Last week I posted an introductory kettlebell training plan. Before we move on to the next phase here is an important review…
Because Ethical Responsibility; let me remind everyone that this is a general post to a general audience and may not apply to you specifically. If only you knew someone who could help you navigate the awesome responsibility of internet usage? Take responsibility for yourself, is, I guess, the point you should take away…
Safety Pro Tip: It’s your fault. If you hurt yourself it means you did too much, too soon, or too sloppy.
I will be sharing my current workout plan with you next, but first we’re looking at a transition period. If you’re familiar with kettlebell training or have a history of strength training you might start transitioning within a week or so, but otherwise you should plan on staying on the introductory plan for a few weeks before you add the transitional movements, then a few more weeks before moving on to the next phase.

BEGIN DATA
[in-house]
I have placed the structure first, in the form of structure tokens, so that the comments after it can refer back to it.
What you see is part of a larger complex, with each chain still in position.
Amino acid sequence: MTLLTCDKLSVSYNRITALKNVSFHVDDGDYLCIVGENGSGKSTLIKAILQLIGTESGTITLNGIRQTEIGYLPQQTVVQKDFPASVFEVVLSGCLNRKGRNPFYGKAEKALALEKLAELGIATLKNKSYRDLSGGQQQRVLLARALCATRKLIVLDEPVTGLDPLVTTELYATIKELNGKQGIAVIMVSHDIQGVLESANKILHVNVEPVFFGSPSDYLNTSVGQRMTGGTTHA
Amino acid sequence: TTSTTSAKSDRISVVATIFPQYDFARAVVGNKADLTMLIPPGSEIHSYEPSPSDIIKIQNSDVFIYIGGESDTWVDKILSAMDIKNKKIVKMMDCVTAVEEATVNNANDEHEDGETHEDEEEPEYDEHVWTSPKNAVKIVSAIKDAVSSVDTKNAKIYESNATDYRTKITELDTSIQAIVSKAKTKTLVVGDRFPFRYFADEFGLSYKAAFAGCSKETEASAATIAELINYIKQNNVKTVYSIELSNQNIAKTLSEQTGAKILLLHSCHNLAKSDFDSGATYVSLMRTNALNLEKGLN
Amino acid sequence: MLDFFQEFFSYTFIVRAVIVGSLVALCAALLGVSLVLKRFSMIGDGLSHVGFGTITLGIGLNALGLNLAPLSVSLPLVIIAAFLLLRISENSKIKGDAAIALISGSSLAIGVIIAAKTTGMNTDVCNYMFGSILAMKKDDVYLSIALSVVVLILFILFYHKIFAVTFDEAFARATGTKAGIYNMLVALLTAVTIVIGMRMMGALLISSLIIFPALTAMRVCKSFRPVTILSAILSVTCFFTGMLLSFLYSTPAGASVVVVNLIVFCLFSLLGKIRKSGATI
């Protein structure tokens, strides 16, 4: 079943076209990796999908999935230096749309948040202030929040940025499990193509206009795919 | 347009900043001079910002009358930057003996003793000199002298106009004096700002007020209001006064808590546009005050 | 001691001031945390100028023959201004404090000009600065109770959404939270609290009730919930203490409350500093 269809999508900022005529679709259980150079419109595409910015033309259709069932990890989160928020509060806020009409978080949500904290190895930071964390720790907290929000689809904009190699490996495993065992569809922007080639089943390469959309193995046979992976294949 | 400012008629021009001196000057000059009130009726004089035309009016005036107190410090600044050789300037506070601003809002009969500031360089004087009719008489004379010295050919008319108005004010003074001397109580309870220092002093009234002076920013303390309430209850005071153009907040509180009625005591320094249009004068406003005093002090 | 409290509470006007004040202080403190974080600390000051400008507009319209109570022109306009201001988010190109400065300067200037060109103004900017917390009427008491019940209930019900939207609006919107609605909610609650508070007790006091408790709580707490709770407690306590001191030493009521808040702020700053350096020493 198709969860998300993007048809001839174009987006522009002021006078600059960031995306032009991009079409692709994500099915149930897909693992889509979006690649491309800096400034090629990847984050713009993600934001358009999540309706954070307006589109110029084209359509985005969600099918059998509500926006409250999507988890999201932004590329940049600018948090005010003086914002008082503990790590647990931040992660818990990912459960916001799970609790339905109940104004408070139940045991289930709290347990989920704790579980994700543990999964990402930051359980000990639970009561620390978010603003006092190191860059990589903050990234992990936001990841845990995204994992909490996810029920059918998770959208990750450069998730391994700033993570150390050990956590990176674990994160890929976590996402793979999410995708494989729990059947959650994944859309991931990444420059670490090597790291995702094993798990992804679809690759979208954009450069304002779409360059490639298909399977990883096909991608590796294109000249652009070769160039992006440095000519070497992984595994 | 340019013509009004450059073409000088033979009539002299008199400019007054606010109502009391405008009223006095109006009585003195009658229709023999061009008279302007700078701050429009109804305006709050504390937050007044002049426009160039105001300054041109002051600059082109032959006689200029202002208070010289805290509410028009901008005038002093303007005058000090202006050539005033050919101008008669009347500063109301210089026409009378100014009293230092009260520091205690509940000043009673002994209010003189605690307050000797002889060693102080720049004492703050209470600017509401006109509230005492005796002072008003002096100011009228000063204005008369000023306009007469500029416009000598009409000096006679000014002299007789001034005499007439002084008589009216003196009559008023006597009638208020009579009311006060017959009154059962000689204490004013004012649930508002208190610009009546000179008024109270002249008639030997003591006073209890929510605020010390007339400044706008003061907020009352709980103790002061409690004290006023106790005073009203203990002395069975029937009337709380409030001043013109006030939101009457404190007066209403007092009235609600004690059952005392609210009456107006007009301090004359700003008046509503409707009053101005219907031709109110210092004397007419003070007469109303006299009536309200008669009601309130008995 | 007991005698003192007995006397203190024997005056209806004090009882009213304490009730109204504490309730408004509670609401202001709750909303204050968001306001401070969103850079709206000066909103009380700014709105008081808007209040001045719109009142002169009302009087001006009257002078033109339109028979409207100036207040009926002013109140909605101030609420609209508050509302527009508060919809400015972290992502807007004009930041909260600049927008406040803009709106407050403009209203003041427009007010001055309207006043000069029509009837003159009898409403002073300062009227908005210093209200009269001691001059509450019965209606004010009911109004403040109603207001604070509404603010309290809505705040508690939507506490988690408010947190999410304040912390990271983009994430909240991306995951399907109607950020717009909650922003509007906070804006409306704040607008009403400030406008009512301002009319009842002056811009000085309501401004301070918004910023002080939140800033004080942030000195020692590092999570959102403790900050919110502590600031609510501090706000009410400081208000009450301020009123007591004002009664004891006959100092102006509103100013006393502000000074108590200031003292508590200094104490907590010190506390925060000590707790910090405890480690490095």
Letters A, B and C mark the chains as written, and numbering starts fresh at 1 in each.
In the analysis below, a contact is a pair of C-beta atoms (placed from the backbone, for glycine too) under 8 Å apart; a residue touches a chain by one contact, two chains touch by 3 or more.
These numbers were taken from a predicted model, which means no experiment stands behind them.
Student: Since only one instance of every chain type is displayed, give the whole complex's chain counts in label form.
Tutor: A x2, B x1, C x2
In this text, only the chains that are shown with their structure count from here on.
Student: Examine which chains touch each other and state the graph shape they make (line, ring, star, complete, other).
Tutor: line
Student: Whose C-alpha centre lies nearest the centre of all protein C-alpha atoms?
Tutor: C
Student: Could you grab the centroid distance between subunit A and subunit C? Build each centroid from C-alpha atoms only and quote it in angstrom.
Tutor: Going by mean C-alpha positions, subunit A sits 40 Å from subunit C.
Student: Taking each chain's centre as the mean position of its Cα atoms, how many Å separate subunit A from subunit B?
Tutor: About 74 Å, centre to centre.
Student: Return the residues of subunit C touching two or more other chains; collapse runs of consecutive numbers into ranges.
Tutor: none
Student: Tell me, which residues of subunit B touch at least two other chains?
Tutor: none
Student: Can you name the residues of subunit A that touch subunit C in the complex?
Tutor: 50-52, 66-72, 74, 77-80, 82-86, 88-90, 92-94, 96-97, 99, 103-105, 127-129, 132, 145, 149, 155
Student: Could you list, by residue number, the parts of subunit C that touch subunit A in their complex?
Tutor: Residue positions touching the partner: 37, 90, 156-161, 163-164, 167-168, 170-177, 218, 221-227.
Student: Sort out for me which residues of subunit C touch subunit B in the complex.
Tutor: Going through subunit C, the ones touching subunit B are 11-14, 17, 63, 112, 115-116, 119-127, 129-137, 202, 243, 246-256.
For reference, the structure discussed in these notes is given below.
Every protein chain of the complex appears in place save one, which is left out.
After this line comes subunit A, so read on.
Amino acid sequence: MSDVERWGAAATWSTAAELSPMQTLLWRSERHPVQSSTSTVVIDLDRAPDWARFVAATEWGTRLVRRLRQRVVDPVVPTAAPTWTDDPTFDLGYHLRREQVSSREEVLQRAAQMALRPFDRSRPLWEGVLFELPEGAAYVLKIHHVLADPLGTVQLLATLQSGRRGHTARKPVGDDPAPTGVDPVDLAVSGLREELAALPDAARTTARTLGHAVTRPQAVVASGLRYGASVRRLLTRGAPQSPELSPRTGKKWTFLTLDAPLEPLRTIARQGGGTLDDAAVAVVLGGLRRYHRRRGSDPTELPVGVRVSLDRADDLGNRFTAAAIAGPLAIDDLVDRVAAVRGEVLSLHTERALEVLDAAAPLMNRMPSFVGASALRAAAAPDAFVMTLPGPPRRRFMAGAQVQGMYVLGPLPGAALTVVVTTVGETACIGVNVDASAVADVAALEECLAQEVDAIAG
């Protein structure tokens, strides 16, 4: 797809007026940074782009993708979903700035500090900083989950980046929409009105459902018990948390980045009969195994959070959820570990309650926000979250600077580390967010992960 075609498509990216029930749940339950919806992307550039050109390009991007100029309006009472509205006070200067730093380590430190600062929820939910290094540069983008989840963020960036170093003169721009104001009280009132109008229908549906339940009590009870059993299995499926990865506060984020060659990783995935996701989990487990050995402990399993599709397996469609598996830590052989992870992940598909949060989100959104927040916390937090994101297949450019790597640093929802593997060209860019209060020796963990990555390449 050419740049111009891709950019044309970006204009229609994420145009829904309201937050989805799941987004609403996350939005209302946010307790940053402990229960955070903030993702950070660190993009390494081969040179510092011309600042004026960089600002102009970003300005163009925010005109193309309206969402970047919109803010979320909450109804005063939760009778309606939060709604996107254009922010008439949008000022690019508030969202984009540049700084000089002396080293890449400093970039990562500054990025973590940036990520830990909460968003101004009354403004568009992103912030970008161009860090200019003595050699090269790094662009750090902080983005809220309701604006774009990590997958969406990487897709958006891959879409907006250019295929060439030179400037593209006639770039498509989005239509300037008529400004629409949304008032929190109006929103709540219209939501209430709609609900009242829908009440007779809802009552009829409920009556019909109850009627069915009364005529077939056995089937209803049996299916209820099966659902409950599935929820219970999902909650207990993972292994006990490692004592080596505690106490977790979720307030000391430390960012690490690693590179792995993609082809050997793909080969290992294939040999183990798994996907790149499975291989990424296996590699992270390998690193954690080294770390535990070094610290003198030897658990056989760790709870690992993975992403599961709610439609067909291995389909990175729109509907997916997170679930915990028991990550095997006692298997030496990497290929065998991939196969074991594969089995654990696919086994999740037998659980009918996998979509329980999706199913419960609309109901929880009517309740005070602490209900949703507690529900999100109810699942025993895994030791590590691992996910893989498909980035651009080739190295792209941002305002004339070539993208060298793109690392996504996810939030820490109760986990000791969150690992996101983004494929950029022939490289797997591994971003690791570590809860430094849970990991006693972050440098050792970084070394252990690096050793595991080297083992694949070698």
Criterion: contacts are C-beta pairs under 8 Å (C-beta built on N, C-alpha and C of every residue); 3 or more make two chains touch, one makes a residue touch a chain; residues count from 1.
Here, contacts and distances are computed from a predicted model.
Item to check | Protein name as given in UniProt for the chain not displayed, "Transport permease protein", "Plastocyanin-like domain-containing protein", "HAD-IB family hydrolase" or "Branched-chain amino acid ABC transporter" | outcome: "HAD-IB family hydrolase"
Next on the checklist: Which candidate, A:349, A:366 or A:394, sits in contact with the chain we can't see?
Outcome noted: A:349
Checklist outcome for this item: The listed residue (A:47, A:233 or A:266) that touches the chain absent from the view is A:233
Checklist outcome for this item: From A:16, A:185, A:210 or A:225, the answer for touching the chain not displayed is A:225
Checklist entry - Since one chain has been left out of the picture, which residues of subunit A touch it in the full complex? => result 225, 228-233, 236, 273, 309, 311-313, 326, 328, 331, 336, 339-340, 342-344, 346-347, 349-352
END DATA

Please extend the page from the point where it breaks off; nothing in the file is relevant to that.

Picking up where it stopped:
Assuming you’ve picked the right weight, you should find that it gives you a comfortably moderate challenge for the beginner program.
Here’s your transitional program:
Start practicing your kettlebell cleans, presses, and snatches. The keyword here is: Practice. NOT workout.
Practice means that as part of your warm-up or cool-down on either your swing day or get-up day you will try a few cleans with each arm and/or a few presses and/or a few snatches. This is not done to failure. It shouldn’t even be done to a comfortable stop. The point is that you try a few and focus entirely on form so that when these movements become part of your regular training in the next phase, you’ll know you can progress safely.
Start with practicing the clean. When that’s comfortable and smooth, you can start practicing the press. When you know you can own that weight overhead, you can start practicing the snatch.
When you know you can safely do multiple snatches, it’s time to take the kettlebell that you can safely do five to eight clean and presses (that’s a clean in between each press) and move on to the next phase
Comrades, I couldn’t find good concise videos for these moves, so here is a longer video that really breaks down the whole series of moves, complete with breakdowns and safety rules and as much Russian deadpan humour as you can handle by recognized master of the kettlebell, Pavel Tsatsouline.